| This is the 535th story of Our Life Logs |
I was born on April 7, 1978, to a loving family that gave me a carefree childhood in Isfahan, Iran. My father was the sole doctor of a nearby village, so he was a busy man. Completely dedicated to his career of healing, especially those less fortunate who couldn’t afford it, made me want to be just like him when I grew up. I wanted to help people too. Despite his demanding career my father always took out time to be with me and I, on my part, enjoyed every second of being with him. Looking back, I can still say that the time spent with him was the happiest of my life, simply because it was by his side.
My father took my education very seriously, but sadly our village didn’t offer higher-level education. Still wanting me to continue my studies, my father had me go live with someone he could trust, his brother. So, I came to Karachi, Pakistan in 1991, a bright-eyed 13-year-old girl, ready to continue my studies. After a couple of years, my parents also came to Pakistan to settle down, and I was ecstatic with joy! Anywhere where my father was felt like home. If he was with me, anywhere would be home.
As I was preparing to enter college at 16, I was brimming with happiness. But that happiness didn’t last as long as I expected. Instead, I was met with tragedy. At five o’clock in the morning on Eid-ul-Fitr, my father unexpectedly passed away from heart complications. Just like that, my world shattered. He left this world before he could see his dream for me realized, and I was heartbroken.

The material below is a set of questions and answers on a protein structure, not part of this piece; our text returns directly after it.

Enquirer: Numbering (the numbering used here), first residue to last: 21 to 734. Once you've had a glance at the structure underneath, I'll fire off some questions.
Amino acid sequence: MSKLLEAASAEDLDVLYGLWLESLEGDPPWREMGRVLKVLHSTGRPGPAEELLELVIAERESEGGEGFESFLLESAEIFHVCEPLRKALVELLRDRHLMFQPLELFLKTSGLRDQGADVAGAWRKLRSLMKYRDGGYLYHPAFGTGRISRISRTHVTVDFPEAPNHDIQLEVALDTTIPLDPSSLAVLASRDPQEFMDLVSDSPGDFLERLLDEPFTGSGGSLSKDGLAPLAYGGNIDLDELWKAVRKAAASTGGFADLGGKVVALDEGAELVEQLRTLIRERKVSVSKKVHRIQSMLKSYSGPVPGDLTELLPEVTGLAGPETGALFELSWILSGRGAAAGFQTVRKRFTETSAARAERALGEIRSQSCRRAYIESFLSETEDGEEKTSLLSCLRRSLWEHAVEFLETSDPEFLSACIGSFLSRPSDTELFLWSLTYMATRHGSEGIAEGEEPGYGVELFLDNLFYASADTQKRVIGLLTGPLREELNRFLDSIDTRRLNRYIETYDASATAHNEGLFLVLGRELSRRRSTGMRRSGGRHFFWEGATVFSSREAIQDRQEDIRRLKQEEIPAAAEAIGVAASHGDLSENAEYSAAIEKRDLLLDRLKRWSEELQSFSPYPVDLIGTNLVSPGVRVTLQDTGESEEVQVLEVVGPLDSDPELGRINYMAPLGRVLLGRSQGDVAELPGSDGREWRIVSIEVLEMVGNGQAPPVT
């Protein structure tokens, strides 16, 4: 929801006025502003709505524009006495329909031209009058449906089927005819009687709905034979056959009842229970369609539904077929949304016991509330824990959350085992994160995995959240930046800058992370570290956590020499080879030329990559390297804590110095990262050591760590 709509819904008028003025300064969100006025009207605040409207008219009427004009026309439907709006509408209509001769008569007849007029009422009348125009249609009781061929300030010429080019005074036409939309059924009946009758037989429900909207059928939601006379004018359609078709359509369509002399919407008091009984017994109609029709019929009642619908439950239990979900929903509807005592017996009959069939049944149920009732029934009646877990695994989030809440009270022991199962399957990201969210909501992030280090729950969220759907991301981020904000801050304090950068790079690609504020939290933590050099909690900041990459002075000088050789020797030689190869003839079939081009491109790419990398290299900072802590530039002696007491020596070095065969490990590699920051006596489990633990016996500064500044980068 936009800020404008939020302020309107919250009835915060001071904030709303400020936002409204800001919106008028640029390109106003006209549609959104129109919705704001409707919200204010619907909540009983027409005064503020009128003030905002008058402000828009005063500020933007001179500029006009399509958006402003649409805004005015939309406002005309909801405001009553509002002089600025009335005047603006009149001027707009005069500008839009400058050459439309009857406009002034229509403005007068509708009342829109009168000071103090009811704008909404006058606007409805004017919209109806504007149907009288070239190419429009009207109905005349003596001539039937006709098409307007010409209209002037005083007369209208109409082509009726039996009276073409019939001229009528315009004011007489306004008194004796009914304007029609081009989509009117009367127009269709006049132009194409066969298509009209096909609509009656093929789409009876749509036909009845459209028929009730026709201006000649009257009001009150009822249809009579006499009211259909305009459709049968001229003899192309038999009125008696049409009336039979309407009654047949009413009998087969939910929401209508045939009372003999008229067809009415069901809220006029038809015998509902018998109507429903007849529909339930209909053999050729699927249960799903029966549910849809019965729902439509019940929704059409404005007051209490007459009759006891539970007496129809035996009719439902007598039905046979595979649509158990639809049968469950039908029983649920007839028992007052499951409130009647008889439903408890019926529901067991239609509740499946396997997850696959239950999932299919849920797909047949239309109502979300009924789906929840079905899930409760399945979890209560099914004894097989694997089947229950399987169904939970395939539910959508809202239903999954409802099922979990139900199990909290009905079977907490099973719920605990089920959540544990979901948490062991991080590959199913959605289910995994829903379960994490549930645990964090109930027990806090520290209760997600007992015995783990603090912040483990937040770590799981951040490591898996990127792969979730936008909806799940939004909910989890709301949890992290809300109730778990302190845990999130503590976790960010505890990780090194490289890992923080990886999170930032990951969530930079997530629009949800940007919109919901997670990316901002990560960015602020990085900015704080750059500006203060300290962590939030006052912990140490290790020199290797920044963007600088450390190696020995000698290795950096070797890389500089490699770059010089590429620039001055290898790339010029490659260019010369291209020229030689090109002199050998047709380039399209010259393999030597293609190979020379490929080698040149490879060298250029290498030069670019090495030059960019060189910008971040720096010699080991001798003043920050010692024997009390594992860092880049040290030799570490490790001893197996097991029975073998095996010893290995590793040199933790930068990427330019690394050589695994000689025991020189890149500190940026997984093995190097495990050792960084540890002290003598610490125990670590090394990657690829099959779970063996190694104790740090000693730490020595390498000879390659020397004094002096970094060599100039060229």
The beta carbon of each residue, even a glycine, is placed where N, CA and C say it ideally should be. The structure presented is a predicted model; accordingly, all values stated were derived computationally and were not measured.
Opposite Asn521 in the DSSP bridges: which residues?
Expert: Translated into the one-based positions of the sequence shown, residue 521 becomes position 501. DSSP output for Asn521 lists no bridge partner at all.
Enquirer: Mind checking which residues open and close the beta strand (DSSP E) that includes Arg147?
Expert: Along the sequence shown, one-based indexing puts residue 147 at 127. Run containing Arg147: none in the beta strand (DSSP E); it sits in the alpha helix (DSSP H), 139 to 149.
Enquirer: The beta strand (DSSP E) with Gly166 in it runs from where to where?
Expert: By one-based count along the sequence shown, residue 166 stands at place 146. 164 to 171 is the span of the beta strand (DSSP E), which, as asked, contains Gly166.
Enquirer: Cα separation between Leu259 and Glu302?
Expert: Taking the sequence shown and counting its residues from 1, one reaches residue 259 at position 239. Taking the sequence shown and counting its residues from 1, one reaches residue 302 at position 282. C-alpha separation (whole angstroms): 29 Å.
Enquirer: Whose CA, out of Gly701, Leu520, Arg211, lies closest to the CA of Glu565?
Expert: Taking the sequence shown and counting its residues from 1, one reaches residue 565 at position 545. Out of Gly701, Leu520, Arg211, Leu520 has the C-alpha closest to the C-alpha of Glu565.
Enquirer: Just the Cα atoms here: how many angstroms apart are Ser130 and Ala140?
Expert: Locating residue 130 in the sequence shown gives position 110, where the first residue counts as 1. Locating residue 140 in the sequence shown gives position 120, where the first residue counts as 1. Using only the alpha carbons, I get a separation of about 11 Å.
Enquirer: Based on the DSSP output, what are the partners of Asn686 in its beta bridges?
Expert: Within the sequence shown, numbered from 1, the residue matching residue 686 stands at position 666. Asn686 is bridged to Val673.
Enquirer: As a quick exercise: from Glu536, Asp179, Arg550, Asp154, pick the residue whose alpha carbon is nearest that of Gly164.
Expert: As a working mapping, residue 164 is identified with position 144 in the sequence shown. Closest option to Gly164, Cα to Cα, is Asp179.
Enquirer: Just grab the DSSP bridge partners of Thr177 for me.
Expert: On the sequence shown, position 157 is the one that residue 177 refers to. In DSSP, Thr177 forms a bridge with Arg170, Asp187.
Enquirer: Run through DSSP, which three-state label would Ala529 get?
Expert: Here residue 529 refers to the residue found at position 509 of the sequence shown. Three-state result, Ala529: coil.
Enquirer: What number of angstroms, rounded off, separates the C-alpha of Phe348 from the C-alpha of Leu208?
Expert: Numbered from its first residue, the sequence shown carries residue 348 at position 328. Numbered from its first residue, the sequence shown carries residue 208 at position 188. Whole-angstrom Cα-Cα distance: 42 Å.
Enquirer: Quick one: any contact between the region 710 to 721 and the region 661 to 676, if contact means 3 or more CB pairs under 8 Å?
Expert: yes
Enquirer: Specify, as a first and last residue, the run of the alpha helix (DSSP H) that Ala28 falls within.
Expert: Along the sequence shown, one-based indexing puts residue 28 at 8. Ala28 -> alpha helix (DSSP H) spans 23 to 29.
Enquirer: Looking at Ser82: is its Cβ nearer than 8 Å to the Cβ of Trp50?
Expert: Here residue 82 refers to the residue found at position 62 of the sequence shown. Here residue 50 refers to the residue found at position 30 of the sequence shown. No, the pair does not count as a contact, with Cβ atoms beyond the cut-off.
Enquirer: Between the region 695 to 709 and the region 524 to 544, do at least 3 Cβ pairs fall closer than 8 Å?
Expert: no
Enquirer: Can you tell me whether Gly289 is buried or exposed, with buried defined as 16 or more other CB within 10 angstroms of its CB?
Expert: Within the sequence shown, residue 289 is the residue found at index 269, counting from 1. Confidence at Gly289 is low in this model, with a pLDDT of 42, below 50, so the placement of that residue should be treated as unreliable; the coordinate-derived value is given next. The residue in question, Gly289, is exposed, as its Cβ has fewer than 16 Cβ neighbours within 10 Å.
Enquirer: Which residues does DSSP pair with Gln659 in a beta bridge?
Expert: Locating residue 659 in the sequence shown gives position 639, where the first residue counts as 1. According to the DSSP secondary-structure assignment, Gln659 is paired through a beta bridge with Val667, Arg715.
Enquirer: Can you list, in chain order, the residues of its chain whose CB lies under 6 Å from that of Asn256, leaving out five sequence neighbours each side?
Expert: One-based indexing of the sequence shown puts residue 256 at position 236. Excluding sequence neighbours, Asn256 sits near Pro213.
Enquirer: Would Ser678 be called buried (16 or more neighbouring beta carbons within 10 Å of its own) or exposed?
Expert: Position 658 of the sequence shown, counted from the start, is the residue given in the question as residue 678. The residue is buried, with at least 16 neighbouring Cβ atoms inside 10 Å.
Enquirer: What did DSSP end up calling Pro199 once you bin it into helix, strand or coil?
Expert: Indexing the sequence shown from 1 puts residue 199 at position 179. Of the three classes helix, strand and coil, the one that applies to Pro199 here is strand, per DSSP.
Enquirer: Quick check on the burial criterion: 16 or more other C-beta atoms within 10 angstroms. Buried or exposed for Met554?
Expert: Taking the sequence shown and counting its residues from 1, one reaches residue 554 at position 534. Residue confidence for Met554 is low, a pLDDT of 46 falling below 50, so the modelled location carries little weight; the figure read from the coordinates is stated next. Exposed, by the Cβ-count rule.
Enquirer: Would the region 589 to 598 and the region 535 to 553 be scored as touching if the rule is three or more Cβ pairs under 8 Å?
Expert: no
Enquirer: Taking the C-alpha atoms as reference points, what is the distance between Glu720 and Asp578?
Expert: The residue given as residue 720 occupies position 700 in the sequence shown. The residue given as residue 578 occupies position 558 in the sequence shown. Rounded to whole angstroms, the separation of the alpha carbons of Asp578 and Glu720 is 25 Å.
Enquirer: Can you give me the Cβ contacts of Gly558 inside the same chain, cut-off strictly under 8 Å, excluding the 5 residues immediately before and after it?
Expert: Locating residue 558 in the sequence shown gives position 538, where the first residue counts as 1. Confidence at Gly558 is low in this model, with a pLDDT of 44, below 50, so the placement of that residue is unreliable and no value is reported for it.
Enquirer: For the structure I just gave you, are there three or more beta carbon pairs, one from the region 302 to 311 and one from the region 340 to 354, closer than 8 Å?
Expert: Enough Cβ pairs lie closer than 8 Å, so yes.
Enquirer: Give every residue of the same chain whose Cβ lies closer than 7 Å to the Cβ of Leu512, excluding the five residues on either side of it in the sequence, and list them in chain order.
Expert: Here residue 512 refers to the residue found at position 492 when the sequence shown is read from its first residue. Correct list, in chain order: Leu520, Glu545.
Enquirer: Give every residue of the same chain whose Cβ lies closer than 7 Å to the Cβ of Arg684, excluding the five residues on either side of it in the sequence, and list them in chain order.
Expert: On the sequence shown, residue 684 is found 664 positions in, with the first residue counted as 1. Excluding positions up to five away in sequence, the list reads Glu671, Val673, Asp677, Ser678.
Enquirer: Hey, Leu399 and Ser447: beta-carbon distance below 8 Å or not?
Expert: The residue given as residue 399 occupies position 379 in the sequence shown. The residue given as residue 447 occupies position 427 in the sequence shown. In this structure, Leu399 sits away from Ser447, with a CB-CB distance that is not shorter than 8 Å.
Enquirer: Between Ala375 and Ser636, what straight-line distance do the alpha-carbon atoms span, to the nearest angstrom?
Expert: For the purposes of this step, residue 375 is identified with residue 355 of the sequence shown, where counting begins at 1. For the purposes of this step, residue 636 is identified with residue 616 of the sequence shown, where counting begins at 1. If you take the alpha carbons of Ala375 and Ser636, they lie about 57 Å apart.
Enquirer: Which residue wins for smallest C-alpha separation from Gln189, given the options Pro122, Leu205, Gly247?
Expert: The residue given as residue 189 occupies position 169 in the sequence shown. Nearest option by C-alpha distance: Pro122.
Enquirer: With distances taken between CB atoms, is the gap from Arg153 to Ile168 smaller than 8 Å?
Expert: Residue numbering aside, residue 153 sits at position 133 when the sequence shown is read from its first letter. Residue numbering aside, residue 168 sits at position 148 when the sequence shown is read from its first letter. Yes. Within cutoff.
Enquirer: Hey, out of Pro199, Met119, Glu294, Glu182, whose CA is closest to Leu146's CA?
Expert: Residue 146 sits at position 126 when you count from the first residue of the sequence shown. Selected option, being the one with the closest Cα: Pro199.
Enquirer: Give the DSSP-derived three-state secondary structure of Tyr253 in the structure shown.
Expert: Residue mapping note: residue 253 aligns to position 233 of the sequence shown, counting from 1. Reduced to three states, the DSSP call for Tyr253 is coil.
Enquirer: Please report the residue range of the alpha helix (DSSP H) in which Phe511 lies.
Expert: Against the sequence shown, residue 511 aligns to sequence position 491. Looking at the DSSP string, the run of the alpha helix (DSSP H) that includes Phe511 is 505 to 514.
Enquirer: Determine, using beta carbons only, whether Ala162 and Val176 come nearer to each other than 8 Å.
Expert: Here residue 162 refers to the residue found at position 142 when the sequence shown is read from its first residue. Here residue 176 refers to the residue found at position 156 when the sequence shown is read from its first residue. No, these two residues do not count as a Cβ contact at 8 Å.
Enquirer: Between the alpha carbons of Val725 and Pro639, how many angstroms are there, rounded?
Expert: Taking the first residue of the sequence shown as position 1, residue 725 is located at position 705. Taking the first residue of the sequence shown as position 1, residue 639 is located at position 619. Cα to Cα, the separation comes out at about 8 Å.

I do not know, to this day, how I survived, how I managed to continue on with school, and finish at the top of my class. All I knew was I wanted to be doctor, I wanted to keep the spirit of my father alive, for his legacy to be remembered, and most of all, I wanted to keep myself going. It was the only way I could survive. Still, my heart desperately ached.
I graduated from DUHS (Dow University of Health Sciences) in 2001. I left school thinking I would follow in the footsteps of my father. I thought nothing could be more important than my career. But sometimes, priorities change. I got married soon and later had the sweetest girl in the world called me Mama. She refused to part from me even for a minute. After years of planning for my career and cultivating my passion for medicine, suddenly…nothing mattered more than this little girl and the children I had after her. I had only wished my father had been there to meet them.
Years passed, and we reached 2020 when word of a pandemic had begun to spread. Doctors all over the country were called forward as front-line fighters in the war against disease, and I knew I had to fulfill the resolve I’d made to myself years ago. It was for the people I loved. It was my duty. It was what my father would have done.
Looking through various job posts for where I could help, I came across an organization that had affordable clinics to help less fortunate people have access to health care. I decided to apply for it. At the interview, I was told,
“When you work as a doctor, you are not just doing a job. You are not doing something that will bring you materialistic benefit. You are doing something that can earn you prayers, blessings, and supplications. That can earn you love, respect, and admiration. That can lead someone to remember you and what you have done for them for a lifetime. That can change the way you look at life and help you change the lives of those involved. Do not take the role you have been given lightly.”